Venous Ulcers Explained
Venous leg ulcers are the most severe consequence of untreated venous reflux. It is estimated that 1% of the general population and 5% of patients with varicose veins will develop a chronic venous ulcer during their life. Once established, they can lead to a significant decrease in quality of life and patients may experience social and economic decline.
It is unfortunate that medical misunderstanding and failure to be proactive in preventing and treating the complications of venous reflux is largely to blame for these shocking statistics.
Like all things health related, prevention and early action is key.
Symptoms And Treatment Of Venous Ulcers
Skin changes, such as the development of red, brown or “rust-like” patches (hemosiderin staining) or venous eczema are an early warning sign that an ulceration may occur. Eventually, white patches (atrophe blanche) may form, heralding the breakdown of the skin and leading to ulcer development.
If you or a loved one has any of the above warning signs, a specialist opinion and ultrasound assessment is strongly recommended.
If there is reflux predominately affecting the superficial system, the chances of cure with endovenous treatments is high. If reflux is mainly affecting the deep system, a cure is unlikely and management involves wound dressings and compression garments.
If the patient is unable to walk or has poor ankle movement, interventions are less successful.
Does This Look Like You?
Our Approach to Treatment
Treatment of large malfunctioning veins (trunk)
Endovenous Laser Treatment (EVLA) to great, small, and/or anterior accessory saphenous veins. 60 minutes
Treatment of large varicose veins (branches)
Phlebectomy removal of larger bulging varicose veins 90-120 minutescombined with
Ultrasound-Guided Foam Sclerotherapy (UGFS) on smaller veins. 30 minutes
Treatment of small varicose veins (branches) if required
Extra sessions of UGFS to close smaller veins if identified as required at post-treatment follow-up scan 30 minutes
You may not require this stage.
Optional treatment surface veins (leaves)
Usually done by Microsclerotherapy 30 minutes
Most patients require multiple treatment sessions to remove spider veins.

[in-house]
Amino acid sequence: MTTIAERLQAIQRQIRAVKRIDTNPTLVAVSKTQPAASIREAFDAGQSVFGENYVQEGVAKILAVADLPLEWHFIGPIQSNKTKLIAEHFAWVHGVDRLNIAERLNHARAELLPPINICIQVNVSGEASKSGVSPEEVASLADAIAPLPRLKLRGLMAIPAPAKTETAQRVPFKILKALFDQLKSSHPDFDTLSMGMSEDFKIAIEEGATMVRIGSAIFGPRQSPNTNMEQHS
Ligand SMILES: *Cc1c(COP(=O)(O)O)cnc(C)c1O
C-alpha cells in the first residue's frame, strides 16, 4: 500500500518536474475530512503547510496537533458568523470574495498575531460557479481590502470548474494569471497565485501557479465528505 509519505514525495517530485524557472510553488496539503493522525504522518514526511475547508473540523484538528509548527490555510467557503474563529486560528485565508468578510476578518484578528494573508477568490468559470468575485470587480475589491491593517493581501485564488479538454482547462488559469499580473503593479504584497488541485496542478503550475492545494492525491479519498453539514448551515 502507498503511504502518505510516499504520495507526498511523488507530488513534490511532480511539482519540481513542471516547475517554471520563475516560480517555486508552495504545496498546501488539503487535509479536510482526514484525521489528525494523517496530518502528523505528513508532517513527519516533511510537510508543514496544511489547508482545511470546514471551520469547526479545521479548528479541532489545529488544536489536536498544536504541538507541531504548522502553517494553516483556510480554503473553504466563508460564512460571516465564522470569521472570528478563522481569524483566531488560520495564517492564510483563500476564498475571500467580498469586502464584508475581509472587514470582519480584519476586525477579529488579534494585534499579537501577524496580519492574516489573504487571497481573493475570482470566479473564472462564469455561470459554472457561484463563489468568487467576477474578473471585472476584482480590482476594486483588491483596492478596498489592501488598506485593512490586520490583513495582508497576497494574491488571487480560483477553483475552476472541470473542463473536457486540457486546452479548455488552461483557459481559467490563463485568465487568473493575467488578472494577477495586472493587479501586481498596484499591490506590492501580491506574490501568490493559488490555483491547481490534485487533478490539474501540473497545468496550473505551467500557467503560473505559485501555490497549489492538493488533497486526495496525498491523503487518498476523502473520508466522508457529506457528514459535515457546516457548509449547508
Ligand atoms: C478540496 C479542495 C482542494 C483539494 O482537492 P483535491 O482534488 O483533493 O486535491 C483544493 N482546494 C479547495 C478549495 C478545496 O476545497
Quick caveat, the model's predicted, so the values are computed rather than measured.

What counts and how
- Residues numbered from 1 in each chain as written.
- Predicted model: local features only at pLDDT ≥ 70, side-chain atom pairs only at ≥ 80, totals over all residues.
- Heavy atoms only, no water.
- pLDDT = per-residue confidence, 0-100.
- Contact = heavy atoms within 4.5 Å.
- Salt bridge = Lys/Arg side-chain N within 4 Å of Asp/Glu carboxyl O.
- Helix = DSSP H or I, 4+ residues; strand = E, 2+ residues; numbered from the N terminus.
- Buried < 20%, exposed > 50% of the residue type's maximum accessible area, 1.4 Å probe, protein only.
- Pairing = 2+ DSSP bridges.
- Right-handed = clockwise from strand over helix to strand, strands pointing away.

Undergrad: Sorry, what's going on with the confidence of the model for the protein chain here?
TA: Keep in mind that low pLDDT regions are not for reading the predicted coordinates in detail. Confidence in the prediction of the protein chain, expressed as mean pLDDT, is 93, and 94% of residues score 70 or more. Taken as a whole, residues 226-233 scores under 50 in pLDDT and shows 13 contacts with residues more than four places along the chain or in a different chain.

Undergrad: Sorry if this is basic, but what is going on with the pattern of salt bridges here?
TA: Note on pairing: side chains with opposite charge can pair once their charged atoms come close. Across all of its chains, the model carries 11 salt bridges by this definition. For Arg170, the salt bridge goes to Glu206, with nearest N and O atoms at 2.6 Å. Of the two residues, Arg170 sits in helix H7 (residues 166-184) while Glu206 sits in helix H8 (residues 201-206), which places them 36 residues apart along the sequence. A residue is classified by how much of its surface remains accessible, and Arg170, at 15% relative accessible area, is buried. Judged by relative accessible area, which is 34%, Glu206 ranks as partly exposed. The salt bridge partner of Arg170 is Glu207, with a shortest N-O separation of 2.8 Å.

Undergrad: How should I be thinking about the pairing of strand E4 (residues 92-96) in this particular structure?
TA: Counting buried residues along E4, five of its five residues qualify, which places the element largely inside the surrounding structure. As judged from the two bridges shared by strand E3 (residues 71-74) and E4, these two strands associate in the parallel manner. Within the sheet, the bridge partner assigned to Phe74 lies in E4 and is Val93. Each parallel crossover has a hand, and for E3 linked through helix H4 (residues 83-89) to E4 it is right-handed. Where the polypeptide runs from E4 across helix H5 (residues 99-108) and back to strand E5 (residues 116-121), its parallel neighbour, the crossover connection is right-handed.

Follow up and maintenance to ensure best results
Frequently Asked Questions
Why do I have varicose veins?
Most varicose vein issues are hereditary. If you have one parent with varicose veins your risk of having them is around 65%. If both parents are affected the risk rises to approximately 90%. Another main risk factor for women is pregnancy, with the risk increasing with each additional pregnancy. Standing occupations such as hairdressers, nurses, and chefs also have a high risk of varicose veins as gravity puts pressure on the veins and weakens them.
How do I prevent varicose veins?
Once varicose veins are present, they will not resolve of their own accord. Measures to reduce the rate of progression include maintaining a normal healthy weight and going for regular walks of 20-30 minutes per day. Reducing the length of time spent on the feet in a stationary position may help and alternating between standing and sitting positions during the day will also reduce the pressure on the veins.
What will happen if I don’t treat these veins?
Generally, without treatment, varicose veins will get progressively worse over time. Symptoms may occur such as heaviness, ache, pain, and tiredness in the legs towards the end of the day. Further progression may result in leg swelling, itch, skin discolouration, and eventual skin ulceration. Blood clots related to superficial venous thrombosis may also occur in severe cases and can lead to the more serious condition of Deep Vein Thrombosis.
What treatment options exist?
Outdated, old-fashioned options such as surgical stripping are rapidly becoming obsolete due to poor long-term success, with recurrence rates of up to 50%. Modern treatment options include endovenous laser ablation, sclerotherapy injections, and ultrasound-guided ambulatory phlebectomy. In many cases a combination of different treatments will give the best long-term results.
Will the veins come back after treatment?
Many people are concerned that the treatment will be of limited value because the veins will just come back. This was certainly the case in the days of surgical stripping with a 50% recurrence rate at 5 years; however, using the latest minimally invasive techniques, we can reduce the risk of recurrent varicose veins to the baseline risk of approximately 3% per year.
What is the downtime following treatment?
This depends on the type of procedure performed and the severity of the veins being treated. Modern treatment with laser can involve no time off work and approximately two weeks off heavy gym work and four weeks off international travel.
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